The Echoes of the Mind – Reality via Sociality

Reality via Sociality

“Reality is socially constructed.” ~ Austrian American sociologists Peter Berger & Thomas Luckmann

Perception comes from attributing subjective meaning to experiences. Through this continual process people build perspectives that cumulate into beliefs and a worldview.

As gregarious creatures, reality constructs are often determined socially. From infancy, the social context in which we find ourselves shapes perceptions, expectations, and attitudes. Worldview is an accumulation derived from personal experience, most particularly from social interaction.

“Through others we become ourselves.” ~ Lev Vygotsky

Russian psychologist Lev Vygotsky influenced Jean Piaget with his sociocultural theory, which emphasized that children psychologically develop via an interactive gyre that is steeped in the cultural context of their social environment.

“When people are free to do as they please, they usually imitate each other.” ~ Eric Hoffer

Socialization invariably involves internalization: the apprehension of an event or symbol as meaningful. As always, meaning is provoked by emotion, especially of affinity or rejection.

Socialization has 2 aspects: psychological and cultural. Through psychological socialization a child becomes a member of society. Cultural socialization involves indoctrination in the social norms of the group in which one is being reared: the primary in-group.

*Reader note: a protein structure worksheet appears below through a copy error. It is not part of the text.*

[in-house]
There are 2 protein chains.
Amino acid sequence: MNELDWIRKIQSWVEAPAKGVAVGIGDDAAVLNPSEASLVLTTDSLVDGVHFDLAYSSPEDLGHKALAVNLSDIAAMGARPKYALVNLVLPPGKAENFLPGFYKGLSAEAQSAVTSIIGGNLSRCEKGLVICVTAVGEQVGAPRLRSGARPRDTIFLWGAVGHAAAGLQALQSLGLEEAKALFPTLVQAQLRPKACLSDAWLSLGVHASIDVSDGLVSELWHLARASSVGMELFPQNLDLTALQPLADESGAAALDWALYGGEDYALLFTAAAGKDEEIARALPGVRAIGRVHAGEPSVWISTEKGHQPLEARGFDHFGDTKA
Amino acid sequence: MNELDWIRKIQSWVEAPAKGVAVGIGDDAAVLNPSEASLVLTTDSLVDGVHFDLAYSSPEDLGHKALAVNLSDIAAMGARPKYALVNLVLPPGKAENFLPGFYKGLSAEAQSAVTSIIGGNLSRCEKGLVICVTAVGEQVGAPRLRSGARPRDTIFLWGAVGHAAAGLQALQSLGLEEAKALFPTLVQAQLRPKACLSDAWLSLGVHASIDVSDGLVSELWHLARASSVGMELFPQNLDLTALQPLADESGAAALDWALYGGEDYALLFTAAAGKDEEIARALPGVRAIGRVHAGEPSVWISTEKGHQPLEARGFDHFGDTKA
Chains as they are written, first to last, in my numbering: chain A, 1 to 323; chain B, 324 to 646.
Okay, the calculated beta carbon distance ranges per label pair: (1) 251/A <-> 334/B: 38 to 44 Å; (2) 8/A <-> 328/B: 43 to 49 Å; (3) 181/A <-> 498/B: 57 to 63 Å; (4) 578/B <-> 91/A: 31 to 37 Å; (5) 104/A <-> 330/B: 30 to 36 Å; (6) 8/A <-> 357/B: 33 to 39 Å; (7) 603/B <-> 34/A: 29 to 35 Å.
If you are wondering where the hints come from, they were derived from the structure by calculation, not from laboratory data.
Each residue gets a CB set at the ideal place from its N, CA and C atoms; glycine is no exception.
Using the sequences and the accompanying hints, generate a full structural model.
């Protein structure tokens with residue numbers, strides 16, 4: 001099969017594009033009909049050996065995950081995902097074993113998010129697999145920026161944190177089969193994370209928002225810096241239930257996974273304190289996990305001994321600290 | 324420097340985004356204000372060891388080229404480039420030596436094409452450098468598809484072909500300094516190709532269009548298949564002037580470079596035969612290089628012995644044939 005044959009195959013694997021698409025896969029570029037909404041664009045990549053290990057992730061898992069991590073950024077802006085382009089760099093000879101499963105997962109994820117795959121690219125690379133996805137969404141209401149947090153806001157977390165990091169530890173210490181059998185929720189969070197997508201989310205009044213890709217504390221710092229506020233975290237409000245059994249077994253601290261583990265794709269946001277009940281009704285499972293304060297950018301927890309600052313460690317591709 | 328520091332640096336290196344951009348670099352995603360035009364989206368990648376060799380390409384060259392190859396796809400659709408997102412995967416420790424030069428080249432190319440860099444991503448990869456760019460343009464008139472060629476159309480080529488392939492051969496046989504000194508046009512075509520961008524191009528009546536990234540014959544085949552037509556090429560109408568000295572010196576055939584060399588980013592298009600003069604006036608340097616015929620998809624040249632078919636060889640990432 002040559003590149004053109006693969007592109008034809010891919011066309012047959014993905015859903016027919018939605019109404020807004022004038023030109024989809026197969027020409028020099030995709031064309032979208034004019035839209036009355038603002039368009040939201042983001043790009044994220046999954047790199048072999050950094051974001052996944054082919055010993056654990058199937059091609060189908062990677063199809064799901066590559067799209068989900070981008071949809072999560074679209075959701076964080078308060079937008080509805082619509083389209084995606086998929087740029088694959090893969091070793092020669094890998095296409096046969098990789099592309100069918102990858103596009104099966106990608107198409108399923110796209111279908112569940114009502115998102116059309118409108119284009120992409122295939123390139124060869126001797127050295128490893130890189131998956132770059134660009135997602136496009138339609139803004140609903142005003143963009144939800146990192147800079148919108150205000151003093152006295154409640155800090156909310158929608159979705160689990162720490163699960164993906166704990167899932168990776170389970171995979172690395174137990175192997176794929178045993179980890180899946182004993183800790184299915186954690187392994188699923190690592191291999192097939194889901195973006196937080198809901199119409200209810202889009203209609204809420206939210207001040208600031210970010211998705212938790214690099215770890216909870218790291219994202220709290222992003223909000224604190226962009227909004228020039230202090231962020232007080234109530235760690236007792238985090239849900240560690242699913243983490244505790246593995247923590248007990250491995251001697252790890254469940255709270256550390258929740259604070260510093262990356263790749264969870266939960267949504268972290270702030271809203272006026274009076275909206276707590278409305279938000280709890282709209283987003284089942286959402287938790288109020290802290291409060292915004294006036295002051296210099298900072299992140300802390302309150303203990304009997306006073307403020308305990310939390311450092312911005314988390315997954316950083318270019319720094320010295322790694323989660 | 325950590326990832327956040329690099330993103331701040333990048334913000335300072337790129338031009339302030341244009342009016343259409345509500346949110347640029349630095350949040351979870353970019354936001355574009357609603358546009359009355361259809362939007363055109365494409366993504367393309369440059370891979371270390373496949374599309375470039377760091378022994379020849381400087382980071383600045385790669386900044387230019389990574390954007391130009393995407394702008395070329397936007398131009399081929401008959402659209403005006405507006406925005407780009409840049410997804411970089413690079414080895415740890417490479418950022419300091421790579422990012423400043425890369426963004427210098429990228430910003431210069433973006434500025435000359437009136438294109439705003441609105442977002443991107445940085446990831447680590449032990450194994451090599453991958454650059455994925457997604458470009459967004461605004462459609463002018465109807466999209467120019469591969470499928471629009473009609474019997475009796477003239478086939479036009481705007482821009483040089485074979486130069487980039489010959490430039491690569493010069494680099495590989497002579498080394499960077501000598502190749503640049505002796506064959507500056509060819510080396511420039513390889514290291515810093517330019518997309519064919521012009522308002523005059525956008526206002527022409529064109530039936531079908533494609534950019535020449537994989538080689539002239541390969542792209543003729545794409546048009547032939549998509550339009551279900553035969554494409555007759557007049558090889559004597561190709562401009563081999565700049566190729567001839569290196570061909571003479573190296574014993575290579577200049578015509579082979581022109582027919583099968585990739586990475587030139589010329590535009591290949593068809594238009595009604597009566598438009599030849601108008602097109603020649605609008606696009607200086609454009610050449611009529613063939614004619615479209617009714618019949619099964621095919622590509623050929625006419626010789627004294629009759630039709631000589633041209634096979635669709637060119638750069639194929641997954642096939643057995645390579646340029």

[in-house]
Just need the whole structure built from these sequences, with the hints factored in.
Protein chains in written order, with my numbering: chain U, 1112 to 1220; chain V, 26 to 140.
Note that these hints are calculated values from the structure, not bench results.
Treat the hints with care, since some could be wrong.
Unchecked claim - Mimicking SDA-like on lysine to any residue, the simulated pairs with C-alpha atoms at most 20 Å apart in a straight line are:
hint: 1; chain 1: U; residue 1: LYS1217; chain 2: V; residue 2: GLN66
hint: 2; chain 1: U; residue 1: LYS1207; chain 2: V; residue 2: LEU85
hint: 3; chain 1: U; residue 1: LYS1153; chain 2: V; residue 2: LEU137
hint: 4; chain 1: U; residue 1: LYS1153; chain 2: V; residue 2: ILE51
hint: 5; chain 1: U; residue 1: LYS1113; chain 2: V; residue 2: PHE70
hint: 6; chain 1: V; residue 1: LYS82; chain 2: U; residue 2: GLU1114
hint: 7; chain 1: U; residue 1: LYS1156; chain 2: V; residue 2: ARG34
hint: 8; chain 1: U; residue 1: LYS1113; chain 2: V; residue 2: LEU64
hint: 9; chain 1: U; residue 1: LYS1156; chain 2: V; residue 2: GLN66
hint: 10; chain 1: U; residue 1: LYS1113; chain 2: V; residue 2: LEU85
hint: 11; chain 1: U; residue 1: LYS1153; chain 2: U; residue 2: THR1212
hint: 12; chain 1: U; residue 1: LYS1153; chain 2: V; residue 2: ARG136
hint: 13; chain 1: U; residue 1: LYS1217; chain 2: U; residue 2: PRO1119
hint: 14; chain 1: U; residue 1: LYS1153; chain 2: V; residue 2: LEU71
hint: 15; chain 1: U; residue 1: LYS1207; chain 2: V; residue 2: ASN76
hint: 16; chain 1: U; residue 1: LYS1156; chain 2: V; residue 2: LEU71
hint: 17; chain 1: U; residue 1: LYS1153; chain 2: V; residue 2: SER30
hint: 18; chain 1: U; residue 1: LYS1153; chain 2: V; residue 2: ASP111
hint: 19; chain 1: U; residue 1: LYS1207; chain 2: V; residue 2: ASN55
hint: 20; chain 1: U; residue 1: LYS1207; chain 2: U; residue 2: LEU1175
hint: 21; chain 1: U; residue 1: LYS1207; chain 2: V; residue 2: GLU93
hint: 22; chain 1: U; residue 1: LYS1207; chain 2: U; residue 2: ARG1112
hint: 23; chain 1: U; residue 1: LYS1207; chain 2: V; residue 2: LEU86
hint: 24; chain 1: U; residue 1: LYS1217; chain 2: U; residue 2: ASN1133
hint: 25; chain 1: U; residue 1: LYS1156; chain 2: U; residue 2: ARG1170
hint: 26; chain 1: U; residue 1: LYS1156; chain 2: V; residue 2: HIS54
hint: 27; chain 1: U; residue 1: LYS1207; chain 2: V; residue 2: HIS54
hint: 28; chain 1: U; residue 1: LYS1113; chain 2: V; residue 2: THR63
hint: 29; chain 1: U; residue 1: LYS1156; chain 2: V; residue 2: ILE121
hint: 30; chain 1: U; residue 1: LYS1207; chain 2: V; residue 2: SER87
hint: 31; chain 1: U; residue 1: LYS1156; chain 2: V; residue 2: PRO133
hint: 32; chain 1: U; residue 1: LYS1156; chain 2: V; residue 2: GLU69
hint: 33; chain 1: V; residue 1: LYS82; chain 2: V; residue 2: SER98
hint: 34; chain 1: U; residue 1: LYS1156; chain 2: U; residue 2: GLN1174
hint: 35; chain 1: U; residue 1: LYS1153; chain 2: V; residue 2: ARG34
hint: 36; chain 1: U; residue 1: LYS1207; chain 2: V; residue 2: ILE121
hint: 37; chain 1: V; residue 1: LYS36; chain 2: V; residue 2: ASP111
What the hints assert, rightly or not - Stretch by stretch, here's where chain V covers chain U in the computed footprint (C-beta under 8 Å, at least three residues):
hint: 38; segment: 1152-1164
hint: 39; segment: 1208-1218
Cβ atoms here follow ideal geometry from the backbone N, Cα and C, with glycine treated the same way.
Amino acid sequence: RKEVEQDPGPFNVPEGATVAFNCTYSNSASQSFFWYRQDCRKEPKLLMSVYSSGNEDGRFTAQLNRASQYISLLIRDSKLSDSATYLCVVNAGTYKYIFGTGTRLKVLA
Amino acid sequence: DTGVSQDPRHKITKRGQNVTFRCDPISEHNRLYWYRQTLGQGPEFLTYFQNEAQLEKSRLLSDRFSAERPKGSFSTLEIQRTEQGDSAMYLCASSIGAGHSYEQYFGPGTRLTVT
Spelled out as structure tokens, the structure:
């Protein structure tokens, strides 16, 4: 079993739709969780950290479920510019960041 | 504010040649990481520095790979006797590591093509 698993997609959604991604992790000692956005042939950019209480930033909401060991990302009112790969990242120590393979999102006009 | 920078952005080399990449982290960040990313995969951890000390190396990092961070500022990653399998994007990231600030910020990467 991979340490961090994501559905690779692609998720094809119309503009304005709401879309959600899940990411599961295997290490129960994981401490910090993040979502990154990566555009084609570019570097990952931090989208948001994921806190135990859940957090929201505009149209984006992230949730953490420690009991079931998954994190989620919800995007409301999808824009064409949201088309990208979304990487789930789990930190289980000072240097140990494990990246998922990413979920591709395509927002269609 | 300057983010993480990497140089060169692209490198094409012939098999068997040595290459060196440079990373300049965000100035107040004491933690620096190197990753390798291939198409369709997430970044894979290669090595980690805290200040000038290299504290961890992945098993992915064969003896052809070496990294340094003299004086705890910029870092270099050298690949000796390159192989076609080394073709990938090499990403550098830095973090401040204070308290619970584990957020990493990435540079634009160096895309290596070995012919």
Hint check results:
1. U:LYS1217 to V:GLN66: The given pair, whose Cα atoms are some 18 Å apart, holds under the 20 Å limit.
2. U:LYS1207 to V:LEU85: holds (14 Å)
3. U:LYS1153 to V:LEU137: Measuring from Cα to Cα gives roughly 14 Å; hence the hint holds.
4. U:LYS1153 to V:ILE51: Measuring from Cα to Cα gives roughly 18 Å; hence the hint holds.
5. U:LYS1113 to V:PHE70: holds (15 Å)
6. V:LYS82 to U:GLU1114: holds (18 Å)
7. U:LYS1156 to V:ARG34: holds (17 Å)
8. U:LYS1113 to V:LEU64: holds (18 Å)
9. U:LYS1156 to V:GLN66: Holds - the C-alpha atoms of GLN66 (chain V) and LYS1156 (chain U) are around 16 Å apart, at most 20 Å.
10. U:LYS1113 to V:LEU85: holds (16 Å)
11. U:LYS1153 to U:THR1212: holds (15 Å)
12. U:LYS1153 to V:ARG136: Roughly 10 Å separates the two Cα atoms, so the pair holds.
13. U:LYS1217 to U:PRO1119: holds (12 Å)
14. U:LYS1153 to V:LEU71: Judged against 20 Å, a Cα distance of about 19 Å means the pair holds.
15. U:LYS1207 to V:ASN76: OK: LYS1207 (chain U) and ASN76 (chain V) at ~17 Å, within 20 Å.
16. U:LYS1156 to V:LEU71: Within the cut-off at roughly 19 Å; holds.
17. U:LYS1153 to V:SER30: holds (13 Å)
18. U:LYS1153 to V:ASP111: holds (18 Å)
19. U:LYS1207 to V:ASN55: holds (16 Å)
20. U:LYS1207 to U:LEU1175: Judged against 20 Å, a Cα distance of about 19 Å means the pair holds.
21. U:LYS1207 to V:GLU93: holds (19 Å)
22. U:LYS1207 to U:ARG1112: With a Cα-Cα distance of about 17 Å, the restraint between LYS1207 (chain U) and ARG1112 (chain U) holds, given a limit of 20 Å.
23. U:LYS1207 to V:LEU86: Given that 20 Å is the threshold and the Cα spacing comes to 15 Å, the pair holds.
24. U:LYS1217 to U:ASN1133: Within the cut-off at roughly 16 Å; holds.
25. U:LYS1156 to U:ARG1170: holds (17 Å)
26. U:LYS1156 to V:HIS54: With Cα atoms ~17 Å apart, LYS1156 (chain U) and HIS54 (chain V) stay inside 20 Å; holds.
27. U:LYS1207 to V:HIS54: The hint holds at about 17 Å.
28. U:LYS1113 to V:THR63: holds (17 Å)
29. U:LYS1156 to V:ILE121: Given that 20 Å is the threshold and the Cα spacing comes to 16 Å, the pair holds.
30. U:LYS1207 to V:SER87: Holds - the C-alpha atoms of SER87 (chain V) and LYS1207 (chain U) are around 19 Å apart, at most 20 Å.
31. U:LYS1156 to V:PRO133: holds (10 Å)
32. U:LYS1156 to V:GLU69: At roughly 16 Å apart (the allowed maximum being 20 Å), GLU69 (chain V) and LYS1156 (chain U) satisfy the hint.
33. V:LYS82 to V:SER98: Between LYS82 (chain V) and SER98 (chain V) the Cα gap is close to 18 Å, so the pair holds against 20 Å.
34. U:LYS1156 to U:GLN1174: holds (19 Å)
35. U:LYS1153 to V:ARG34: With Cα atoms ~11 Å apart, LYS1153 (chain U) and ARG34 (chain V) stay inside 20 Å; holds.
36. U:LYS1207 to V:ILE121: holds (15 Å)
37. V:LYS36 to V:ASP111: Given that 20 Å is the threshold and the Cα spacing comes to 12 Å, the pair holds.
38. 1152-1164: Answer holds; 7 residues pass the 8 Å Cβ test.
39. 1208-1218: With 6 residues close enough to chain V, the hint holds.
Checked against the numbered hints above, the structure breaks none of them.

A child’s socialization proceeds by interpreting social events as significant. An infant at first perceives the emotional states of others, then comes to understand those states to be particular to situations. The next step extends personal experience into typicality: setting senses of situational normality.

When mommy is upset at me is apparent to any infant even a few weeks old. Mommy is upset with me when I make a mess of my food takes a bit of learning. When making a mess of my food is understood as generally disapproved by adults, concrete examples have been codified into a norm.

This abstraction process – from personal experiences into a conceptualization of commonality – was termed the generalized other by American social psychologist George Mead. The mental formation of the generalized other enlarges identification into being part of society. Hence, socialization is self-identification evolving toward social integration.

“When the generalized other has been crystallized in consciousness, a symmetrical relationship is established between objective and subjective reality.” ~ Peter Berger & Thomas Luckmann

Self-identification comes with a corollary: that others are like you. As willfully active objects moving through space, our naïve assumption is to project the same attributes onto other things, even inanimate objects: mentalizing run amok. Young children routinely impart intention. Asked why a marble rolled off a table, a toddler is likely to reply: “because it wanted to.”